BlackRock Inc., the world’s biggest asset manager, called for regulation that would clearly spell out the risks associated with inverse and leveraged exchange-traded products after the collapse of two notes linked to volatility.
Inverse and leveraged exchange-traded products don’t perform like exchange-traded funds under stress and regulators should acknowledge the difference, BlackRock said in a statement on Tuesday. BlackRock “strongly supports” a classification system that would label these ETPs differently than “plain vanilla” ETFs, the firm said.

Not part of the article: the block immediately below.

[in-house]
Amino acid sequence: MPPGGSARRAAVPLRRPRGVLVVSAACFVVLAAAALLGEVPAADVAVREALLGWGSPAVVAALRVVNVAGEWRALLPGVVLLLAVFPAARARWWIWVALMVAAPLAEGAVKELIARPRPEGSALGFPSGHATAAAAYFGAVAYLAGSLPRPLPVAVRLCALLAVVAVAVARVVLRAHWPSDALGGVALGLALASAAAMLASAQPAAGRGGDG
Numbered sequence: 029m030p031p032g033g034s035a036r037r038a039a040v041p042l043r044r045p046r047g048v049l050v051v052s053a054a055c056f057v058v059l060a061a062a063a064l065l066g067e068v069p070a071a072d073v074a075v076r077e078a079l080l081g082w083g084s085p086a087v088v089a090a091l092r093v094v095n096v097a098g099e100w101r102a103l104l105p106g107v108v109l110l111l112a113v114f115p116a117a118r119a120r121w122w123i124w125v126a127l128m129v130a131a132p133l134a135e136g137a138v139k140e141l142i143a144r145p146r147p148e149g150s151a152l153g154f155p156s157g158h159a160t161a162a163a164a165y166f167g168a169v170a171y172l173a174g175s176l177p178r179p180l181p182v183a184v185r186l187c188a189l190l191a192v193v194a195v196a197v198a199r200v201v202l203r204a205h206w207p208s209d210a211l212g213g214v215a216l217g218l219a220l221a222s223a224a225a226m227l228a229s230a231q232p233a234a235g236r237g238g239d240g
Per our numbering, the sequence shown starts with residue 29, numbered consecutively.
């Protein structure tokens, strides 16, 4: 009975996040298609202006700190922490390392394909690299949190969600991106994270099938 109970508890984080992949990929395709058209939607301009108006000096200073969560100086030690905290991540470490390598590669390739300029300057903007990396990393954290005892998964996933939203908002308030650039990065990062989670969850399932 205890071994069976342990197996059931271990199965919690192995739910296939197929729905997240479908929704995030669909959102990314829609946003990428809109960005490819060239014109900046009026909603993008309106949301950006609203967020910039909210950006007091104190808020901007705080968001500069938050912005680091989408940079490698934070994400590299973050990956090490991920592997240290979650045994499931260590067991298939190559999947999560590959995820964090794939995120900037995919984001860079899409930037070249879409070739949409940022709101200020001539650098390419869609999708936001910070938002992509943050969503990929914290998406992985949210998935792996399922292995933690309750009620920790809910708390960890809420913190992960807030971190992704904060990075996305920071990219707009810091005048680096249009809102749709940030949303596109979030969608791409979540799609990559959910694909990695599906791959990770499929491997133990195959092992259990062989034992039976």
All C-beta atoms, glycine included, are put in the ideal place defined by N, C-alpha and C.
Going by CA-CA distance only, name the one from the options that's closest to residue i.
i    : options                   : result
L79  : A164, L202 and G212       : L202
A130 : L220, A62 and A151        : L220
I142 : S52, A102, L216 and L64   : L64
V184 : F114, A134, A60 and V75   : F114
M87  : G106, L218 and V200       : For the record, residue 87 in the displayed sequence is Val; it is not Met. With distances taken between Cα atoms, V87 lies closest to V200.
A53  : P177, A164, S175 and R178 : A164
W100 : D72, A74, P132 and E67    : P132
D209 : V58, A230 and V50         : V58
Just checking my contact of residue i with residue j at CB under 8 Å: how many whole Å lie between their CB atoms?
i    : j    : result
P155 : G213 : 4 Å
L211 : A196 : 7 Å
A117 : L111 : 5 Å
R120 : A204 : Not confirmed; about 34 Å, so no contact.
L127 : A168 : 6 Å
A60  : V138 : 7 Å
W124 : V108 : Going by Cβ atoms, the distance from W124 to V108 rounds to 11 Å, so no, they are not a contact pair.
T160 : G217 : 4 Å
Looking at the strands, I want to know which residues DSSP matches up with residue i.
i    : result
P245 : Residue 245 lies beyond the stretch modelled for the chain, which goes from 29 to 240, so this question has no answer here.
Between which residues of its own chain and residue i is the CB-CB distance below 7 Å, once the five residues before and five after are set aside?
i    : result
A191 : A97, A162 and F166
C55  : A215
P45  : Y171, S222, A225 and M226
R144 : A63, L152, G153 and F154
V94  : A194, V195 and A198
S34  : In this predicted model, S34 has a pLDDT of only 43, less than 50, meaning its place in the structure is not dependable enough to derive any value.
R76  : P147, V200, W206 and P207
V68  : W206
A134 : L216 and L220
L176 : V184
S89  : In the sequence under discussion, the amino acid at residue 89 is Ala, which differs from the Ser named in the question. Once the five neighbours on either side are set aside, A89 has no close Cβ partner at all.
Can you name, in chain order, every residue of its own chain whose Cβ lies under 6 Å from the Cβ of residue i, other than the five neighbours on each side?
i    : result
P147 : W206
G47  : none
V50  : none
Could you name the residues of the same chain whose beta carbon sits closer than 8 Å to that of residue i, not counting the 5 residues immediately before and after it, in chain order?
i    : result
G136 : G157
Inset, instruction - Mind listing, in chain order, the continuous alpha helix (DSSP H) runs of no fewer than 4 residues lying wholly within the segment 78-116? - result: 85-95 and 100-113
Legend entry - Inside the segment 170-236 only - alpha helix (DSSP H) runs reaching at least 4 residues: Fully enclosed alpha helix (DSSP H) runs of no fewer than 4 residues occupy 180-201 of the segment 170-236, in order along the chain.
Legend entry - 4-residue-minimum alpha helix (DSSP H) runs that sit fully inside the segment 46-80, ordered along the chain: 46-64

BlackRock, which manages more than $6 trillion, is also the biggest provider of exchange-traded funds and does not offer inverse and leveraged exchange-traded products. The firm for years has been calling for better regulation of leveraged products, with Chief Executive Officer Laurence D. Fink saying in 2014 that such offerings have a structural problem that has the potential to “blow up” the industry.
Two inverse exchange-traded products tied to the Cboe Volatility Index tumbled after volatility spiked, prompting a trading halt. The two products were short volatility, a bet against equity turbulence that traders have been piling into for years. Another exchange-traded note, the Next Notes S&P500 VIX Short-Term Futures Inverse Daily Excess Return Index ETN, will be redeemed at a 96 percent discount, Nomura Europe Finance said.
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